Monday, March 9, 2015
Douglas A. Herman and Seth B. Sacher (FTC) offer AN ECONOMIC ANALYSIS OF TWOMBLY/IQBAL WITH APPLICATIONS TO ANTITRUST.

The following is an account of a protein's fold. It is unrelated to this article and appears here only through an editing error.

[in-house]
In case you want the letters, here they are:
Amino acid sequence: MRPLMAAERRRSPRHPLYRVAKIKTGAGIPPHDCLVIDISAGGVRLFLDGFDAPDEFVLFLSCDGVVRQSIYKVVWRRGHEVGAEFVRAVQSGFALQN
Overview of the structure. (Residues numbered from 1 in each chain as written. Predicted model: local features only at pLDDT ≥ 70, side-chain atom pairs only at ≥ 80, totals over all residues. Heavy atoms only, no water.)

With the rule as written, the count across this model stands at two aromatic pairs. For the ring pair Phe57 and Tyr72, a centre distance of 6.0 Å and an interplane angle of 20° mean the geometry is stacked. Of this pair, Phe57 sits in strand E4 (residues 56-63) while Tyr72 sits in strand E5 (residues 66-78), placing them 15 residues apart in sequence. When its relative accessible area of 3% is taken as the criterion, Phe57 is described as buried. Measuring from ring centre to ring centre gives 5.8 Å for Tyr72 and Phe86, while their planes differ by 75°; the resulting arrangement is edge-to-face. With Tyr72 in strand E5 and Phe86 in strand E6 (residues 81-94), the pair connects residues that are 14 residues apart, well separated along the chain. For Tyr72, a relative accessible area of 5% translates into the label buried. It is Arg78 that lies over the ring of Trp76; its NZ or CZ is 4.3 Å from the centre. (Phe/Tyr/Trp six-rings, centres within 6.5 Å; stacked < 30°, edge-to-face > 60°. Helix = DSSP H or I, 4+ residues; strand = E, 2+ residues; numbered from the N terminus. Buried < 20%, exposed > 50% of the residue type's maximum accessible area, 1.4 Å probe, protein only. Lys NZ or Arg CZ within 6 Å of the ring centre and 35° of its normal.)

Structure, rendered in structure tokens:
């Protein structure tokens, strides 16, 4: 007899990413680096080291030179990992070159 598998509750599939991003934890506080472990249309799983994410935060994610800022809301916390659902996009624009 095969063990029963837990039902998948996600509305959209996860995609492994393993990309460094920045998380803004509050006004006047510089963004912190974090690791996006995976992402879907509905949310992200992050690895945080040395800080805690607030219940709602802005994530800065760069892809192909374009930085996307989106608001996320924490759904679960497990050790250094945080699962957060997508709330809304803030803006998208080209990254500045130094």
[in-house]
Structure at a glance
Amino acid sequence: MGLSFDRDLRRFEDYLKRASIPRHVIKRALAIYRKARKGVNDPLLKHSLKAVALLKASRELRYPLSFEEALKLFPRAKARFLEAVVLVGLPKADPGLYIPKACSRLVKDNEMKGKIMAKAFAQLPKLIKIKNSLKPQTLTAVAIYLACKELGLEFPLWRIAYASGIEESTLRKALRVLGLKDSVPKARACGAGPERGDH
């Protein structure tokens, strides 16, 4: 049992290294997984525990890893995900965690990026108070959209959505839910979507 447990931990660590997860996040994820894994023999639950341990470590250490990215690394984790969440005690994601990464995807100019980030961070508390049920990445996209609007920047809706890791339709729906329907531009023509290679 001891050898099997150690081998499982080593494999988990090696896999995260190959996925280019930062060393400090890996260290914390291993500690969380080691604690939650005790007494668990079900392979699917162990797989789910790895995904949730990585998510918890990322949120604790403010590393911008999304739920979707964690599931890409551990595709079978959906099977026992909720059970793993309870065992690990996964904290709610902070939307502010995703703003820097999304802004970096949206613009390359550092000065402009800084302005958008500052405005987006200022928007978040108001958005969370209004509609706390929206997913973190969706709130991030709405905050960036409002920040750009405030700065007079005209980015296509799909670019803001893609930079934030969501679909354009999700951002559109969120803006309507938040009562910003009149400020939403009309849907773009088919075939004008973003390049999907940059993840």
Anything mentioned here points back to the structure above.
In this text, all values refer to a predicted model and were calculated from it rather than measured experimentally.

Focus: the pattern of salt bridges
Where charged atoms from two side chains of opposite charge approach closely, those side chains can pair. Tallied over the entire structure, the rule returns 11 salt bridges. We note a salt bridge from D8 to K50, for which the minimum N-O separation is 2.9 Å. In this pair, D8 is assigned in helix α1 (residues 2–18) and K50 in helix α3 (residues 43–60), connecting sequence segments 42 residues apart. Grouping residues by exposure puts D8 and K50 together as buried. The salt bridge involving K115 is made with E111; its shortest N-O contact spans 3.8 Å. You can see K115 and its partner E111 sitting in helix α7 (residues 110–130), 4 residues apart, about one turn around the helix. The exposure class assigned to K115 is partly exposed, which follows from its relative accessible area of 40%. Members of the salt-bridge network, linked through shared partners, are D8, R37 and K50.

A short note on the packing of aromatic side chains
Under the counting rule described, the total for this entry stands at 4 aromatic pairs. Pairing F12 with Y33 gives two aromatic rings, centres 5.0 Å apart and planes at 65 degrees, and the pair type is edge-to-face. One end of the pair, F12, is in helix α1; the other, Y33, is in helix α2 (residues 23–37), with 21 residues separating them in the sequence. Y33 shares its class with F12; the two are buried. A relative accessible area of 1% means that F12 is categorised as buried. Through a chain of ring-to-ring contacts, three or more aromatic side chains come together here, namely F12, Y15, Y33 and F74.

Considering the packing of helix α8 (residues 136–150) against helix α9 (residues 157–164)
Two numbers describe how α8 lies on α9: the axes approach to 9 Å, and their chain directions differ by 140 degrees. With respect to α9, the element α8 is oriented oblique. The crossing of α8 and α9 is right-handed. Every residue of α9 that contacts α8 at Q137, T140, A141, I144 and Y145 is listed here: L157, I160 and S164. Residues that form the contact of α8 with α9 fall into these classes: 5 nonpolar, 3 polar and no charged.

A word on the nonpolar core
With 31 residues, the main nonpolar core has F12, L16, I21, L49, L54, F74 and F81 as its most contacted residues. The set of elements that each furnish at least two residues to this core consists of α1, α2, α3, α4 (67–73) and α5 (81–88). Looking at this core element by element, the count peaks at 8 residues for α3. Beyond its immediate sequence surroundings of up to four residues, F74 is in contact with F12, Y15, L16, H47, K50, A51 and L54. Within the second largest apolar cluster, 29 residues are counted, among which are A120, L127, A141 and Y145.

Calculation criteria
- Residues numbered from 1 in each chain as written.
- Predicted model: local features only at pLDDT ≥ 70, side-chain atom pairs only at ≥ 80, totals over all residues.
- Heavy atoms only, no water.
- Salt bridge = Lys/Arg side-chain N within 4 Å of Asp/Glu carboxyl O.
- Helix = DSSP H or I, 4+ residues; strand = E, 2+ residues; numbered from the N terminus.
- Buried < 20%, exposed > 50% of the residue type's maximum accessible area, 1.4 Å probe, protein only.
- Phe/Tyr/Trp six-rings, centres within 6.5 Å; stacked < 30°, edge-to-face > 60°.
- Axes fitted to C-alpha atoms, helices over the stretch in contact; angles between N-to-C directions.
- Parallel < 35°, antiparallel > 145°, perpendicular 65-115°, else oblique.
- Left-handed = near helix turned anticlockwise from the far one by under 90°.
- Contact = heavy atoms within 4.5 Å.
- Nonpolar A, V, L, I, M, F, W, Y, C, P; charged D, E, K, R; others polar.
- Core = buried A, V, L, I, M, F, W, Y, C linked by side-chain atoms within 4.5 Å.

ABSTRACT: The Bell Atlantic v. Twombly and Ashcroft v. Iqbal Supreme Court opinions refined the threshold for motions to dismiss claims. In elaborating on these thresholds, the Court discussed the legal interplay of “possibility,” “plausibility,” and “probability.” The Court emphasized that claims must go beyond a recitation of theories or legal standards and rely on some level of factual allegations. Since the Iqbal decision, numerous lower courts have applied the newly articulated Twombly/Iqbal standards. Legal practitioners have argued that there are inconsistencies between courts when evaluating the scope and application of these standards. In order to help resolve this murkiness, this paper suggests a structured methodology that can be employed when arguing a motion to dismiss. A number of tools for evaluating the Twombly/Iqbal standard are proposed. We posit “strong” and “weak” conditions for satisfying these standards. The “strong” conditions for surviving a motion to dismiss are satisfied if well articulated conditions that meet the logical concept of sufficiency along with supporting facts are presented. Under the weak criteria, the claims are more likely to meet the standards the closer they are to the logical concept of sufficiency. In other words, the more “unlikely” are the claims (and supporting facts) to exist in the absence of a violation, the better able are the claims to meet the standard. The proposed methodology is applied to a broad range of antitrust categories.